Hotel may soon be opening in Isanti
A hotel could soon be coming to Isanti.
The Isanti City Council approved a development plan and Tax Increment Financing (TIF) with Isanti Hotel Partners LLC at its meeting June 19.
Construction of the 33-unit hotel with a pool is scheduled to begin by July 2012. The project cost is estimated at over $3.2 million and the city estimates it will generate nearly $100,000 in new annual property taxes with $30,000 collected annually for Isanti.
Five to seven new jobs will be created with the 12,900 square foot hotel, with wages ranging from $11 to $12 per hour including benefits.
The hotel will be located east of Hwy. 65, near Landmark Community Bank and Prairie Senior Cottages.
City staff have been working on this project for nearly a year, Isanti Mayor George Wimmer said.
“It’s an incredibly important project for the city of Isanti,” he said. “A hotel is our number one economic development goal. I have spent countless hours on bringing a hotel to Isanti and I am hopeful we will break ground soon.”
The developer will receive $150,000 in surplus tax increment assistance to pay for direct project costs, including construction and land acquisition. Another $450,000 will be provided from revenues generated from a new TIF district.
Tax Increment Financing is an economic development tool that allows a locality to use the increased value from a project to create an incentive for the project. The city is creating a TIF district that is being paid for by the project in the rough amount of $450,000—the exact amount will not be clear until the project is completed and assessed, Wimmer explained.
Approximately $150,000 will be granted to the project from Isanti’s special TIF fund. The total incentive over an eight year period of time will be around $600,000.
“The city has set the table for the hotel developer and we await their final steps in securing all their financing,” Wimmer said. “A hotel for Isanti means great economic growth as we are able to attract more commercial activities to our city.”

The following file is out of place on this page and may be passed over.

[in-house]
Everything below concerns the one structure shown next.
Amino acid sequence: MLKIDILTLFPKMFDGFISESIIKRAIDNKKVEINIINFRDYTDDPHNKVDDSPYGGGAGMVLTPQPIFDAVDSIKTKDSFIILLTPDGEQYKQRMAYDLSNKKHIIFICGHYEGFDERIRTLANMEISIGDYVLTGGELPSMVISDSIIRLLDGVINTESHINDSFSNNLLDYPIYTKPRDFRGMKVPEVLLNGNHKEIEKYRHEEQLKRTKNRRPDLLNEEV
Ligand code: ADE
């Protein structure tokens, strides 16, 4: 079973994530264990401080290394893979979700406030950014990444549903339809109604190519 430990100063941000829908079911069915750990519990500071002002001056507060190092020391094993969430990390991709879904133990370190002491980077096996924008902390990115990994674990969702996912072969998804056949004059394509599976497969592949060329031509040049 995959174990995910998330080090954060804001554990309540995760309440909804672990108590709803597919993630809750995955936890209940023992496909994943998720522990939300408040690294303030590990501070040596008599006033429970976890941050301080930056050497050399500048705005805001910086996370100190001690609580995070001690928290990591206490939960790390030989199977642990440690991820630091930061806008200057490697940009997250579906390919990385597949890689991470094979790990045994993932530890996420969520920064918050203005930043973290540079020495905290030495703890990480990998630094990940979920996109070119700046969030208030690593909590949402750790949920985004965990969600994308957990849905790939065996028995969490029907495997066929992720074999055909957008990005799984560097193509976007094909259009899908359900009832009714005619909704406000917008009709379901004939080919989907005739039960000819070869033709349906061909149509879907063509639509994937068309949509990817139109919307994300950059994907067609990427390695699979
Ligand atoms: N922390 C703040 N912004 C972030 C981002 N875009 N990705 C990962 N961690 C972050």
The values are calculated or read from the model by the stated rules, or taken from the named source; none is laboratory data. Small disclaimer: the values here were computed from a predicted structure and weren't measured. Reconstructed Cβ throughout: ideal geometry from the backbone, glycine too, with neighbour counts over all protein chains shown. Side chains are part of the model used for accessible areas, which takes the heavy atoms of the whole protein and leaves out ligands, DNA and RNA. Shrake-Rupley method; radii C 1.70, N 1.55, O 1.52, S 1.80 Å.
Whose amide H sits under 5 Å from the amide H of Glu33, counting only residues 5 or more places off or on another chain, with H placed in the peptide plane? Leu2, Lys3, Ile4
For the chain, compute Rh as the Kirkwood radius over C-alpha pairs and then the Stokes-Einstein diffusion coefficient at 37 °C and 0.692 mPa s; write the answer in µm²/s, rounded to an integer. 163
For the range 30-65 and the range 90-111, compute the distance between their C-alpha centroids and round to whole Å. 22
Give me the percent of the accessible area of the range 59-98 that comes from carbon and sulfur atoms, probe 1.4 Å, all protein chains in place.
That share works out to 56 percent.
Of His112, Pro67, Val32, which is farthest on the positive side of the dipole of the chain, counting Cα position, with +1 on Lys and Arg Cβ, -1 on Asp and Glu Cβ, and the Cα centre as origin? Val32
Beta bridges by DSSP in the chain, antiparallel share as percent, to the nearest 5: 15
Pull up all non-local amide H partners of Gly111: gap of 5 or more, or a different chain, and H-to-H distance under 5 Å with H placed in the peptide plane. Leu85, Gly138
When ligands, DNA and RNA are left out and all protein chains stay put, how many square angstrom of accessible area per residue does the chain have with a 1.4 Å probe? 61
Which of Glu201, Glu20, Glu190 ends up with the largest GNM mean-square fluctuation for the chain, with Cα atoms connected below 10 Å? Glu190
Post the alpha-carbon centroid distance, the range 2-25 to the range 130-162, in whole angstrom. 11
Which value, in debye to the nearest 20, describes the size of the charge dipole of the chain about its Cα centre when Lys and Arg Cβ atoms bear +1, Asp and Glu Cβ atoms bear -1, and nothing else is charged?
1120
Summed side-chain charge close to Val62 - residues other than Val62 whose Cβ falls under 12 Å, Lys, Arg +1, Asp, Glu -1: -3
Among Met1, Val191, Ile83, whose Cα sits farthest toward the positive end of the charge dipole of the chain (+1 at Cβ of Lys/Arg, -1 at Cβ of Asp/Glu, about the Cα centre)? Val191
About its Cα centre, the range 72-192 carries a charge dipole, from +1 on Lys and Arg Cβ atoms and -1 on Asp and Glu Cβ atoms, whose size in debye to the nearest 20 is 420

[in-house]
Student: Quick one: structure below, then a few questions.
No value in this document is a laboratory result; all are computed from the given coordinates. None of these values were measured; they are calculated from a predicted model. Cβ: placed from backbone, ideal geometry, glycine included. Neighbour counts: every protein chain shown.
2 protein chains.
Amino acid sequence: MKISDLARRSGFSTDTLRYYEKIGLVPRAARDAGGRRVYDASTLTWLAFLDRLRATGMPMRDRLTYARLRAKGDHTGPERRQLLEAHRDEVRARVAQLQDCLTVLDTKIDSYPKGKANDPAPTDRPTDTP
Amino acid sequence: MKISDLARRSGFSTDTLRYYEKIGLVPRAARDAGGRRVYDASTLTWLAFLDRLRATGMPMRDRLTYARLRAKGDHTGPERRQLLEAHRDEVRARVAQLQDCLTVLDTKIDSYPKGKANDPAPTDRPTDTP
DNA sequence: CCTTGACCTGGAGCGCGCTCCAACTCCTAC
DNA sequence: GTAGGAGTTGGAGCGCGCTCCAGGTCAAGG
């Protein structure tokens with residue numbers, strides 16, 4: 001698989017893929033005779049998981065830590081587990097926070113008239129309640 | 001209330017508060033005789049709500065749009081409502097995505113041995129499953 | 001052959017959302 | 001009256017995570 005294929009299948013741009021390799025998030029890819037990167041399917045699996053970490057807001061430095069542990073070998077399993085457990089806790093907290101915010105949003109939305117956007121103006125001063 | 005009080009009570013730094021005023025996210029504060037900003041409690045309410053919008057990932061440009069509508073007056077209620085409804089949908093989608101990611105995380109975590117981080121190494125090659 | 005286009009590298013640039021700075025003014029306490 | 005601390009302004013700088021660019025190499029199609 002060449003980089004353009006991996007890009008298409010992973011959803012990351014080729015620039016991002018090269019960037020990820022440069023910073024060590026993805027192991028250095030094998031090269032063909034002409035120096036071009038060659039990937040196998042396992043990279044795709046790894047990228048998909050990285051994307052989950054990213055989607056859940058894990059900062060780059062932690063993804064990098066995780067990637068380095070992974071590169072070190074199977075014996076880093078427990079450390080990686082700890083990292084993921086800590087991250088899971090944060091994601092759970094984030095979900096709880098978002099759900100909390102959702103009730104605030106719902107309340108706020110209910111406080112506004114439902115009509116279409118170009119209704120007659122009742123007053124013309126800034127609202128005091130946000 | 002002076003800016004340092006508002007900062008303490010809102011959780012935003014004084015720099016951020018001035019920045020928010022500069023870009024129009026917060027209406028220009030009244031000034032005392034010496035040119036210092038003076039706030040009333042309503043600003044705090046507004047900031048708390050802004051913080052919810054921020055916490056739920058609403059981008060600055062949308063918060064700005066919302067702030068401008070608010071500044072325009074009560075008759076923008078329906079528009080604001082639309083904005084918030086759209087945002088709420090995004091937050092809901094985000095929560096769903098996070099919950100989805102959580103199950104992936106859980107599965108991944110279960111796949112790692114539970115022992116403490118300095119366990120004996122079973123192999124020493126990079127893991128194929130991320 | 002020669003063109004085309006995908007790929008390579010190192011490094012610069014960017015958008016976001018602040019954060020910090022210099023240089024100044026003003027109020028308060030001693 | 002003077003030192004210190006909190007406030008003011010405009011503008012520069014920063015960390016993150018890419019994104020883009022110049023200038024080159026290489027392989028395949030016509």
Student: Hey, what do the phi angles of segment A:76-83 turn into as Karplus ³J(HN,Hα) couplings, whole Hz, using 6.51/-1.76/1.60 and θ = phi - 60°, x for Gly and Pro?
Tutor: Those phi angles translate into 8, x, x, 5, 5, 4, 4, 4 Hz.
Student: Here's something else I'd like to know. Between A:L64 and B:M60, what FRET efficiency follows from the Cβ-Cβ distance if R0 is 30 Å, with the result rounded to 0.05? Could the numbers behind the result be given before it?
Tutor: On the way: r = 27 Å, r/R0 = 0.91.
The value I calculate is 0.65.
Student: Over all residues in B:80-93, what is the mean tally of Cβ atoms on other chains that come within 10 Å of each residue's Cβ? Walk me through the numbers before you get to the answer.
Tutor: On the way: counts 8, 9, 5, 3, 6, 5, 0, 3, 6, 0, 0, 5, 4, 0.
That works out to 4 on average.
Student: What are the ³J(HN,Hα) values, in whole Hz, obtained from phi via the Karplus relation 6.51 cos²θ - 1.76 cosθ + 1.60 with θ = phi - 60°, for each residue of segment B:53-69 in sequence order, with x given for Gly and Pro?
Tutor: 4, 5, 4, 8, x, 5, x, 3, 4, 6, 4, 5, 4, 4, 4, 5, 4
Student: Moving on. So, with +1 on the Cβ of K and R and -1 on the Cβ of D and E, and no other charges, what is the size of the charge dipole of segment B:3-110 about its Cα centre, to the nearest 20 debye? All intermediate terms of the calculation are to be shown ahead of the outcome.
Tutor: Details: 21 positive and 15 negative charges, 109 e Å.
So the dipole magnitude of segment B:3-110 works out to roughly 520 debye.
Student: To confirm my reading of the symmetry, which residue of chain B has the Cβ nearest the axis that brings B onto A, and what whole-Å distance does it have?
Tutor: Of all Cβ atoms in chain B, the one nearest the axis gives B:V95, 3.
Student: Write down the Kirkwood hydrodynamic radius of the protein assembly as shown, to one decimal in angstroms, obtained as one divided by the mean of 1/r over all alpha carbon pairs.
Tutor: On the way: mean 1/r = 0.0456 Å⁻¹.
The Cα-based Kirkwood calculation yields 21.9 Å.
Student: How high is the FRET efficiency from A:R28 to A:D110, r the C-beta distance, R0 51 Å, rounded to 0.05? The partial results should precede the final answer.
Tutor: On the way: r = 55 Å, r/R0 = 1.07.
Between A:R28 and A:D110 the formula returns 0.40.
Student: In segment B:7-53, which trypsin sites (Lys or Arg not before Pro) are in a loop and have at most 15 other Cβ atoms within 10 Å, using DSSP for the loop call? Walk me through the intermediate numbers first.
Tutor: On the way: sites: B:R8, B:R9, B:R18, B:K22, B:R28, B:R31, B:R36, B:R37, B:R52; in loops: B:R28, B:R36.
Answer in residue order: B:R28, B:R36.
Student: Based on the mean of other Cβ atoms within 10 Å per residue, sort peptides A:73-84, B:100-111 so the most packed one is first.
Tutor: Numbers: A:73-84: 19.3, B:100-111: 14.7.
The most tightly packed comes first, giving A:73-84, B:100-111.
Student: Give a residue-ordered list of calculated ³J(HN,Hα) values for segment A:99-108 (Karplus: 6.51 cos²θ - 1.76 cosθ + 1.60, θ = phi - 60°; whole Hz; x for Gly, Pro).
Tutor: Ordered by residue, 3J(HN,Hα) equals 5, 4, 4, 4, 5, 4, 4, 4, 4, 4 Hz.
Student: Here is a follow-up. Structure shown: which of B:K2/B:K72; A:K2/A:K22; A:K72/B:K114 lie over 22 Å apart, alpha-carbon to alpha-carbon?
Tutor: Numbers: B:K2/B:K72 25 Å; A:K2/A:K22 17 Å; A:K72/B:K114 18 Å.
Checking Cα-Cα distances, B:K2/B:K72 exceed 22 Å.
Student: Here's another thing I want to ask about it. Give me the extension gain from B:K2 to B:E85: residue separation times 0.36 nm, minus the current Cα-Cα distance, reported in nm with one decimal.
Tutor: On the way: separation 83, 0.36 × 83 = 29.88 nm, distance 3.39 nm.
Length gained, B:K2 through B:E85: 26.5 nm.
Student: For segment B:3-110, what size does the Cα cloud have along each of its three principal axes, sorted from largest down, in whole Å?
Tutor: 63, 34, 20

Site work will be done by June 30 to meet the state TIF deadline, Wimmer added. After that, there may be a lull in construction for about a month or two as the developer secures financing.
“We have every intention and every belief that the hotel will go forward,” he said.
Isanti Community Center needs funding
Members from the Community Center Task Force presented some of their findings to the City Council.
The group was tasked with researching and brainstorming ways to come up with funding the city’s community center, as the building is funded through 2013. The task force is to come up with a plan of action so the city can decide how to move forward.
Members of the task force said they have met several times and have begun gauging how the building is used. Many Isanti residents, they said, are not aware of the community center, while some are not sure where it is located.
Some of the groups that currently use the community center are the Isanti Lions, Boy Scouts, Girl Scouts and Isanti Senior Dining.
Task force members said the city should advertise the community center to get better usage out of it—creating a website and posting signage outside the building may help create awareness.
Wimmer said he supports the community center, but that the city needs a viable way to continue funding it.
“The task force was to try to come up with a plan for us to figure out good ways we can save the building,” Wimmer said. “The issue with doing more activities in there is that it sounds great, but we’re not making revenue off of those events, so every time we do an event, we’re losing money.”
The city is losing up to $20,000 per year on the community center, which Wimmer and the task force said needs upgrades to modernize it and make the building more efficient.
One idea was to have the townships that use the building help fund it, but Wimmer said a levy referendum may be the answer to secure funding.
“This is going to take a significant amount of funding. In order to do that, more than likely we’ll have to go to voters for a vote for them to say ‘we want to do this,’” he said. “So we’re all going to have to make the case that yes, we have groups here that are using it.”
Isanti police officer seeks K-9 program
Police Officer Adam Gau came forward to ask if he could start fundraising to create a K-9 program within the police department.
The City Council voted to table to request, however, citing a need for more information on how the program will be funded.
Gau said he would raise $14,000 to start the program, which would then cost $1,200 a year to continue. The department would purchase a Labrador trained in searching for narcotics and would assist police officers in completing traffic stops or search warrants when narcotics are suspected.
The Isanti Police Department backed Gau in his proposal, Gau said. He said police officers believe adding a K-9 would increase the number of narcotics arrests and help decrease overall criminal activity in Isanti.
Mayor Wimmer and council members had concerns regarding how the program would continue to be funded throughout the years. They decided to table the issue until a future date, allowing time to research funding methods used by K-9 programs within other city police departments.